One of London’s most familiar tourist attractions has fallen silent ahead of a major repair programme.
Big Ben, which looks down on the UK parliament in Westminster, stopped chiming at midday (British Summer Time) today (August 21).
It’s not expected to sound again until 2021.
The bell is set to be put out of use to allow for repairs to the surrounding Elizabeth Tower.
Watch again: Big Ben’s last chimes for four years
Nine facts to know about Big Ben
- Big Ben is the nickname of the tower’s biggest bell, but is used to refer to the whole tower structure.
- The tower was officially named Elizabeth Tower in 2012, to toast Queen Elizabeth II’s 60 years on the throne. Before that it was called the Clock Tower. It has also been called St Stephen’s Tower.
- There is some debate about who Big Ben was named after. Some say bare-knuckle boxing champion Ben Caunt but the more likelier is said to be Welsh civil servant Sir Benjamin Hall, who oversaw the installation of the bell.
- The bell went into service in 1859, but soon became cracked, because the hammer that was striking it was far too big. A smaller hammer was installed and the bell rotated so it struck away from the fissure.
- Coins have been used to keep the clock accurate over its 158-year history. They can be added or removed from the pendulum of the clock. The addition of one penny causes the clock to gain two-fifths of a second in 24 hours. The repairs that begin in 2017 will serve to maintain the clock’s mechanics.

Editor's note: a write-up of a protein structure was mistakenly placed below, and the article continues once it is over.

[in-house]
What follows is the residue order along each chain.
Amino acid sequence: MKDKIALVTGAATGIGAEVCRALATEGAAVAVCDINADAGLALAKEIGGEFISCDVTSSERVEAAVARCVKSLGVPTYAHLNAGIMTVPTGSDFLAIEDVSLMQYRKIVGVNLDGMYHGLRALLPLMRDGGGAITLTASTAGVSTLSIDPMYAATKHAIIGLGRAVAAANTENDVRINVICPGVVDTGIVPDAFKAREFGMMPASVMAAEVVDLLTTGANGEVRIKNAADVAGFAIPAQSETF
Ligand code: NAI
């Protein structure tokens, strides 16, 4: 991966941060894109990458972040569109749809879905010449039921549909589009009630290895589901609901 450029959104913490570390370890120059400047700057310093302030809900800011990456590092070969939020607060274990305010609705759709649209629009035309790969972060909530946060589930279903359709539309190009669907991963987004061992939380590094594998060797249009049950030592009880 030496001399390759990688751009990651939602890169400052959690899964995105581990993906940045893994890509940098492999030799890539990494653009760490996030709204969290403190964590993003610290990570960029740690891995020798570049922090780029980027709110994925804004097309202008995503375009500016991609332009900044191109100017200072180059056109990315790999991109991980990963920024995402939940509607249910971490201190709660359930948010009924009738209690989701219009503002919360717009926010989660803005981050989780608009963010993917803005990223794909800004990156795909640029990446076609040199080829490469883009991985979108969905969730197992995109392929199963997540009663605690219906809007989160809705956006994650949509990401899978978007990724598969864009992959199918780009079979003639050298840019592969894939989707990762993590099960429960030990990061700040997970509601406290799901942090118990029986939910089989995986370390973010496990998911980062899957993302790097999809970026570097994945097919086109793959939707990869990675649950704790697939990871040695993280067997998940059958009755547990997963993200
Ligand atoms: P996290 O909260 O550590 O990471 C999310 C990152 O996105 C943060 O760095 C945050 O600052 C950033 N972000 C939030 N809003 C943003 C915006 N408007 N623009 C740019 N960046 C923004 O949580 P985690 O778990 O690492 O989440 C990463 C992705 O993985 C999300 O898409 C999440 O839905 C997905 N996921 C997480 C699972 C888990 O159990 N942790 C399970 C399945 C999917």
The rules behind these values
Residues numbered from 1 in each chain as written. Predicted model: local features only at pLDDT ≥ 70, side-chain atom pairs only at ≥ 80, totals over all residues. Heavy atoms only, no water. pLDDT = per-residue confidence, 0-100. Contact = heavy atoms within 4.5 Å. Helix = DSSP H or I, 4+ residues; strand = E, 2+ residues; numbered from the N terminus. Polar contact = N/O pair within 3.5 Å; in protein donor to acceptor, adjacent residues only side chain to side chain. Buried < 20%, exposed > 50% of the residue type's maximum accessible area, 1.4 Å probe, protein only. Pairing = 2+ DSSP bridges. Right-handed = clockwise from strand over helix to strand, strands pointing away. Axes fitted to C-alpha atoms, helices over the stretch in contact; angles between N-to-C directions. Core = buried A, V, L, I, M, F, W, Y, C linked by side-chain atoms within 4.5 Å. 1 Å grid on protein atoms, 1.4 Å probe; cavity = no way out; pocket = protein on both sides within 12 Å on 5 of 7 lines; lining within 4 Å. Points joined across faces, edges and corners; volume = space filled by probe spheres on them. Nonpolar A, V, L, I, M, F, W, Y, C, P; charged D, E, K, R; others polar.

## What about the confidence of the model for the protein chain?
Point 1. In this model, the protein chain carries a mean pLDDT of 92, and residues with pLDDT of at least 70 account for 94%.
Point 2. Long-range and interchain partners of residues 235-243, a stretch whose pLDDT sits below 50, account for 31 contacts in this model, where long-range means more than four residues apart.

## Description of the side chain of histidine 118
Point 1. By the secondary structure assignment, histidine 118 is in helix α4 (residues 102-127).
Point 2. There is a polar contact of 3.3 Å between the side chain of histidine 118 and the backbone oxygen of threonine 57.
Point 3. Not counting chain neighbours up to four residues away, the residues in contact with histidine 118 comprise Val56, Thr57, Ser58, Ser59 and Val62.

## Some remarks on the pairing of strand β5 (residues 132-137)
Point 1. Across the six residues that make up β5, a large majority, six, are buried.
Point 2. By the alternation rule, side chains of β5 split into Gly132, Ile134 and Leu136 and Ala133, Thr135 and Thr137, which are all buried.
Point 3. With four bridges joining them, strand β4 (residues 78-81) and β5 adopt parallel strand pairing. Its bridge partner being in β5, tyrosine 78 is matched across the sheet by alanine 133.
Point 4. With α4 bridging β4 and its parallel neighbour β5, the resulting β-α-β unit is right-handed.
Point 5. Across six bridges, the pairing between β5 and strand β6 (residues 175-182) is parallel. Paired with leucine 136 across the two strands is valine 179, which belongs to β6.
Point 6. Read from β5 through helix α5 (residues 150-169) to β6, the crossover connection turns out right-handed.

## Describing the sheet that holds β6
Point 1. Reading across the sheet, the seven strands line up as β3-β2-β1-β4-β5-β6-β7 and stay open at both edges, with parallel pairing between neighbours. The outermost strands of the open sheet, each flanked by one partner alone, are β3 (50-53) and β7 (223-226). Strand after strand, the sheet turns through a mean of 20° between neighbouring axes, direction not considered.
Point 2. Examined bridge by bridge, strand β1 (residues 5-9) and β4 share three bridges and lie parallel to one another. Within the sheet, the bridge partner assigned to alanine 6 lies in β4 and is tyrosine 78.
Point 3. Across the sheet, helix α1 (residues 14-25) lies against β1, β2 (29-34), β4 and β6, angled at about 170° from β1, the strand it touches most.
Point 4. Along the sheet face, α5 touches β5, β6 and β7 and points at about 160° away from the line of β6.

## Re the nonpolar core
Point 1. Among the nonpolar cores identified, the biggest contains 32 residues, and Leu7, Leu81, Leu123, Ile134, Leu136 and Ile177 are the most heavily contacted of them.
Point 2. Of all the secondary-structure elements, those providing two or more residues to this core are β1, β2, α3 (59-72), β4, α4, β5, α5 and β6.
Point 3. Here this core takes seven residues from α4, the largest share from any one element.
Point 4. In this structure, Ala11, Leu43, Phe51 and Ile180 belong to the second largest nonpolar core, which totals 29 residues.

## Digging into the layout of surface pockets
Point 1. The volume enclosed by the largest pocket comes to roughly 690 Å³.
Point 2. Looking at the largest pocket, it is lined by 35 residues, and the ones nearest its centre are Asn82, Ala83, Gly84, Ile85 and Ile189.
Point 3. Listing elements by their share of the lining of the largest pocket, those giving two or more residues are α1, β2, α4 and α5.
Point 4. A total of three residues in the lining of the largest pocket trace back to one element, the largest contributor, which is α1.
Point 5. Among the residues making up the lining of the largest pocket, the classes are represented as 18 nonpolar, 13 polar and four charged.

- But changing the coins is only for the physically fit. The clock tower is 205 feet (62.5 metres) high, with 335 steps to the belfry.
- The bell is being stopped on August 21, 2007 for repairs. It was also stopped in 1941 when a workman dropped his hammer into the inner workings of the clock as he was carrying out repairs following a bombing raid. It was also paused during WW1 (it chimed during WW2 but the clock was not illuminated to avoid guiding German bomber pilots). The bells have also been stopped for the funerals of Winston Churchill and Margaret Thatcher.
Big Ben weighs 13.7 tonnes and is 2.7 metres in diameter.
- There is even a Twitter account for Big Ben, which helpfully tweets the amount of bongs or chimes the bell makes each hour.
BONG BONG BONG BONG BONG BONG BONG BONG BONG BONG— Big Ben (@big_ben_clock) August 21, 2017
Take a video tour of Big Ben